Large group of First Nations, scientists, green groups calls on Trudeau to reject Petronas LNG project
A letter written by Lax Kw’alaams Hereditary Chief Yahaan (Donnie Wesley), calling on Prime Minister Justin Trudeau to reject Petronas’ controversial LNG proposal near Prince Rupert, has gained a long list of unlikely, high-profile supporters.
The signatories include over 70 leaders of First Nations, environmental organizations, businesses, unions, university groups and faith groups, plus several scientists and academics such as David Suzuki and Wade Davis. Amongst the notable First Nations leaders are Garry Reece, Chief Councillor of the Lax Kw’alaams Band Council, Grand Chief Stewart Phillip, President of the Union of BC Indian Chiefs, Chief Na’Moks (John Ridsdale) of the Office of the Wet’suwet’en Hereditary Chiefs, and Fort Nelson First Nation Chief Liz Logan.
Federal decision expected soon
The plea comes in advance of a decision on the project’s federal environmental permits, expected in early 2016 or sooner – following several delays. By contrast, the BC government has already enthusiastically signed off on the project, but without the support of local First Nations, who rejected the government and proponent’s offer of some $1.15 billion in economic benefits and a significant grant of crown land.
Since then, hereditary leaders of Lax Kw’alaams and their supporters have been occupying Lelu Island in defiance of test drilling and exploratory work by contractors for the proponent. This has led to increasing tensions between First Nations and the Port Authority, which claims jurisdiction over the test work.
“The people of Lax Kw’alaams have unanimously voted ‘No’ against the project because of devastation it would cause to Flora Banks,” said Chief Yahaan on the occupation.”
“Lelu Island is part of the Yahaan’s tribal territory of the Gitwilgyoots,” according to a media release on today’s letter.
Watershed moment for LNG opposition
The letter could signal a watershed moment in the growing movement against LNG development and the fracking that would supply it with fuel. “This is the first time that such widespread and unprecedented agreement has been reached in BC on LNG”, said Greg Horne of the Skeena Watershed Conservation Coalition. “From every corner of the province, we are all in agreement that Lelu Island and Flora Banks is the worst possible spot on the north coast to site an LNG facility”.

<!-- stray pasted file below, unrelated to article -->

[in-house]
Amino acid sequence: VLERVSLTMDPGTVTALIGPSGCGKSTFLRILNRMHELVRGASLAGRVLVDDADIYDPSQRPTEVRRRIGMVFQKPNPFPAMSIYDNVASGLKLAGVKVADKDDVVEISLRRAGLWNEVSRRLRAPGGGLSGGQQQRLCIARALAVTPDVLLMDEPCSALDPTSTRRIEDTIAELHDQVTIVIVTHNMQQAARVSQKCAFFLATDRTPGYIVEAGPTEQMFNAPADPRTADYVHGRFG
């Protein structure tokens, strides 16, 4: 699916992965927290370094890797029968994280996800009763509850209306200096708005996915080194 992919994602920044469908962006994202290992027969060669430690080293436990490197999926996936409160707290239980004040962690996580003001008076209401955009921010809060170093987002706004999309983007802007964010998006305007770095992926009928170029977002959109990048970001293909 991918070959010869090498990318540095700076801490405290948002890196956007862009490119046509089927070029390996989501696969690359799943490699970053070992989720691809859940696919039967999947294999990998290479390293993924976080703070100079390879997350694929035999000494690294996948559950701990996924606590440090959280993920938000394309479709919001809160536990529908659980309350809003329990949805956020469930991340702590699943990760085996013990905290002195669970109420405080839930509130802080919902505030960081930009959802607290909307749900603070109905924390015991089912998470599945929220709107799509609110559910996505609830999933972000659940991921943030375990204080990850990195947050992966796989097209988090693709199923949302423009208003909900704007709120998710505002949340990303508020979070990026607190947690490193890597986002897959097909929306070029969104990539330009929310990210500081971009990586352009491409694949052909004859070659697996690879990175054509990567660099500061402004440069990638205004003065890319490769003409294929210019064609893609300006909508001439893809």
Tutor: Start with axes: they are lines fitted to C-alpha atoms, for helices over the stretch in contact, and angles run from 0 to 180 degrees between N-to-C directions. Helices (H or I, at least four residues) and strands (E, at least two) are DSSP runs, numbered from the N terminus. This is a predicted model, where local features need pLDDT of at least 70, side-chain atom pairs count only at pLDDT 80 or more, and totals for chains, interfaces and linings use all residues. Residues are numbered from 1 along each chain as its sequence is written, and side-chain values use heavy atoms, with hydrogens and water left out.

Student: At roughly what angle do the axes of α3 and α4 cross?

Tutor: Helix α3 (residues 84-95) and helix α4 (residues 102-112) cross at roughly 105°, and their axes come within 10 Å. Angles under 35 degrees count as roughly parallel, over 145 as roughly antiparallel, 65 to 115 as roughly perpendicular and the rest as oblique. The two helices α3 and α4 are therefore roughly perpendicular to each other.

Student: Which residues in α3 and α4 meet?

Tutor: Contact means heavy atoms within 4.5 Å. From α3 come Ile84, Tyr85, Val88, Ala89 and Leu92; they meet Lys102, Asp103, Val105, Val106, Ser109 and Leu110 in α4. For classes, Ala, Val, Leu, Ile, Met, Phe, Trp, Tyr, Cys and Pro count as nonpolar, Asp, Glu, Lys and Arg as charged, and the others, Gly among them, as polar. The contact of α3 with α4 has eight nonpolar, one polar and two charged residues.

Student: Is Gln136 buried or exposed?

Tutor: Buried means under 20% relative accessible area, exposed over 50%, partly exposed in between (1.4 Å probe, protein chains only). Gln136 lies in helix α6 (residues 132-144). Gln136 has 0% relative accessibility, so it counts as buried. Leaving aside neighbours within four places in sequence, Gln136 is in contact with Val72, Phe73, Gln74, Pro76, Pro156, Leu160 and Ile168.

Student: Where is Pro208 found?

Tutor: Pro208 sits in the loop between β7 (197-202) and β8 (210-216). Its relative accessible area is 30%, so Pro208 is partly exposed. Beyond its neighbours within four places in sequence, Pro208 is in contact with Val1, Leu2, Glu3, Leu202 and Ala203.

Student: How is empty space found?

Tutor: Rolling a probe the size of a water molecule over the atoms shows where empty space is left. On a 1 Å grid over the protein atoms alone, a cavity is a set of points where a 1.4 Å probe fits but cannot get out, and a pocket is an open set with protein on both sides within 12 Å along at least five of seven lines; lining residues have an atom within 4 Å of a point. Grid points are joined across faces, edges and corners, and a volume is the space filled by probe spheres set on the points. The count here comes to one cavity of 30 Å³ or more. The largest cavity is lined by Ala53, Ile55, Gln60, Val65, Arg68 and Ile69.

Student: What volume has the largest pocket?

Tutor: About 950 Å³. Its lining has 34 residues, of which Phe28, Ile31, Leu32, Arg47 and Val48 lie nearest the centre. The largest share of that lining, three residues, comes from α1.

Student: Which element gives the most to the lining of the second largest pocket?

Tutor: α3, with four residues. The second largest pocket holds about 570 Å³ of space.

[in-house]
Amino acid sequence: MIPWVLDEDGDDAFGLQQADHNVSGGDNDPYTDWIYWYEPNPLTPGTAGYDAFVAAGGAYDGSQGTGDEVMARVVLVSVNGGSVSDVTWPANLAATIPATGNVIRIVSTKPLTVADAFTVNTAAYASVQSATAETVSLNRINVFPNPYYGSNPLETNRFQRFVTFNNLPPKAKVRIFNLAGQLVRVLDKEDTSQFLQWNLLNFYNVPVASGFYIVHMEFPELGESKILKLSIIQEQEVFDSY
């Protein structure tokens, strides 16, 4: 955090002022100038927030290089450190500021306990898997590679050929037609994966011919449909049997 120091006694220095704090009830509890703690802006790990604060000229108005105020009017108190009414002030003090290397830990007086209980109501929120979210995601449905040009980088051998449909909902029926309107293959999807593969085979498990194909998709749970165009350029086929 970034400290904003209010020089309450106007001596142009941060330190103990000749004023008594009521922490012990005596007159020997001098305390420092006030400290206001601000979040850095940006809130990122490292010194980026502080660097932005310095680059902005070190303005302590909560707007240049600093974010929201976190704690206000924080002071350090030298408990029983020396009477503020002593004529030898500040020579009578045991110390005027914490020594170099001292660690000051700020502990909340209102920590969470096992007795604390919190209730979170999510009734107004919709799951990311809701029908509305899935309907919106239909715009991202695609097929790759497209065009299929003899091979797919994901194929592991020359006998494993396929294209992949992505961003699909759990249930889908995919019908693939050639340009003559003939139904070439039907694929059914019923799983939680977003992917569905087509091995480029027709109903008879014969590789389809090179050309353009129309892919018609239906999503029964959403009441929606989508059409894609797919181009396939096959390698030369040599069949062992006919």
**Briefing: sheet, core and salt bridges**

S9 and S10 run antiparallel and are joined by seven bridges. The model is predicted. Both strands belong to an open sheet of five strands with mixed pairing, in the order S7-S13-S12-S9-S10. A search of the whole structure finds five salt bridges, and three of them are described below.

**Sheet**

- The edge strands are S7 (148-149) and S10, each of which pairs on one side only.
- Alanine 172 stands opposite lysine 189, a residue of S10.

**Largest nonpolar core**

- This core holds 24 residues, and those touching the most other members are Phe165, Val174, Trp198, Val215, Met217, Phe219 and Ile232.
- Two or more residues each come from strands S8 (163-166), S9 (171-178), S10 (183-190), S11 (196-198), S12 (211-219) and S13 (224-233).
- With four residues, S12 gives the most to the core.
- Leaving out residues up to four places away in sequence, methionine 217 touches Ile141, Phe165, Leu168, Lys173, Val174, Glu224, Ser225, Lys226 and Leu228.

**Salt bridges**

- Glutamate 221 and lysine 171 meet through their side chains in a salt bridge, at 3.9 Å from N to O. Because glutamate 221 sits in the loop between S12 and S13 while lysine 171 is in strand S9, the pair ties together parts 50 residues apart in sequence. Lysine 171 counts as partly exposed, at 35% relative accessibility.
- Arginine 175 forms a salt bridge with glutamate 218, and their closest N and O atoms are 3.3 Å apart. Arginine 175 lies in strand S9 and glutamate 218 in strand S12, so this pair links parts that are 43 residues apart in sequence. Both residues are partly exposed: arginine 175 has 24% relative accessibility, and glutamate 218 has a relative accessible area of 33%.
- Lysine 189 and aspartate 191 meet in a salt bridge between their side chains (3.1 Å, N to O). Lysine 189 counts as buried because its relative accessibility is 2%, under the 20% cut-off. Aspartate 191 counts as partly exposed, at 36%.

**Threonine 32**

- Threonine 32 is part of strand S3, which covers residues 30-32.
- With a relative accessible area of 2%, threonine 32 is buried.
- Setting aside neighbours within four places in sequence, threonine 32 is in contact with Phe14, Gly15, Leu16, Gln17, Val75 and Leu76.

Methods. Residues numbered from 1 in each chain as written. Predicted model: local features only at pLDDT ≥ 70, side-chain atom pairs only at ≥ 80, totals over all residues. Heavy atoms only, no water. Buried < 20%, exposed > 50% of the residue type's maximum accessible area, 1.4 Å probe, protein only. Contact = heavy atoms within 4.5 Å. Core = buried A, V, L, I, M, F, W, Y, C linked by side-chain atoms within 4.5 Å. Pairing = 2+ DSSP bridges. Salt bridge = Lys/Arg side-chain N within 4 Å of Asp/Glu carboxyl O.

Whereas projects like the Enbridge Northern Gateway pipeline and Kinder Morgan’s TransMountain project have seen strong, clear resistance from early on – especially amongst First Nations – LNG has proven a more complex issue. The combination of economic benefits offered to communities and the perception that LNG is somehow less dangerous environmentally than Tar Sands bitumen has meant that traditional oil and gas opponents were slower to take on the Clark government’s LNG vision. But that has changed over the past year, as more groups have connected the dots between fracking in northeast BC and the LNG industry; while the enormous climate impacts of the industry have begun to become clear.
Meanwhile, risks to marine habitat and wild salmon from LNG terminals have sparked a backlash amongst coastal nations and communities along the proposed pipeline routes, where several resistance camps have emerged in recent years.
“Of all the thousands of miles of coastline, they chose the one location most critical for Skeena salmon”, said Des Nobels, Northern Outreach Coordinator, T. Buck Suzuki Environmental Foundation. A separate letter from the United Fisherman and Allied Workers Union (UFAWU) and environmental groups emphasizes the same point to the new PM:
Even if it receives its federal permits, Petronas faces un uphill battle to get its project built – including potential court challenges from First Nations and a rapidly cooling global market for LNG – which led a leading Malaysian business publication to predict the project would be put on hold for a number of years.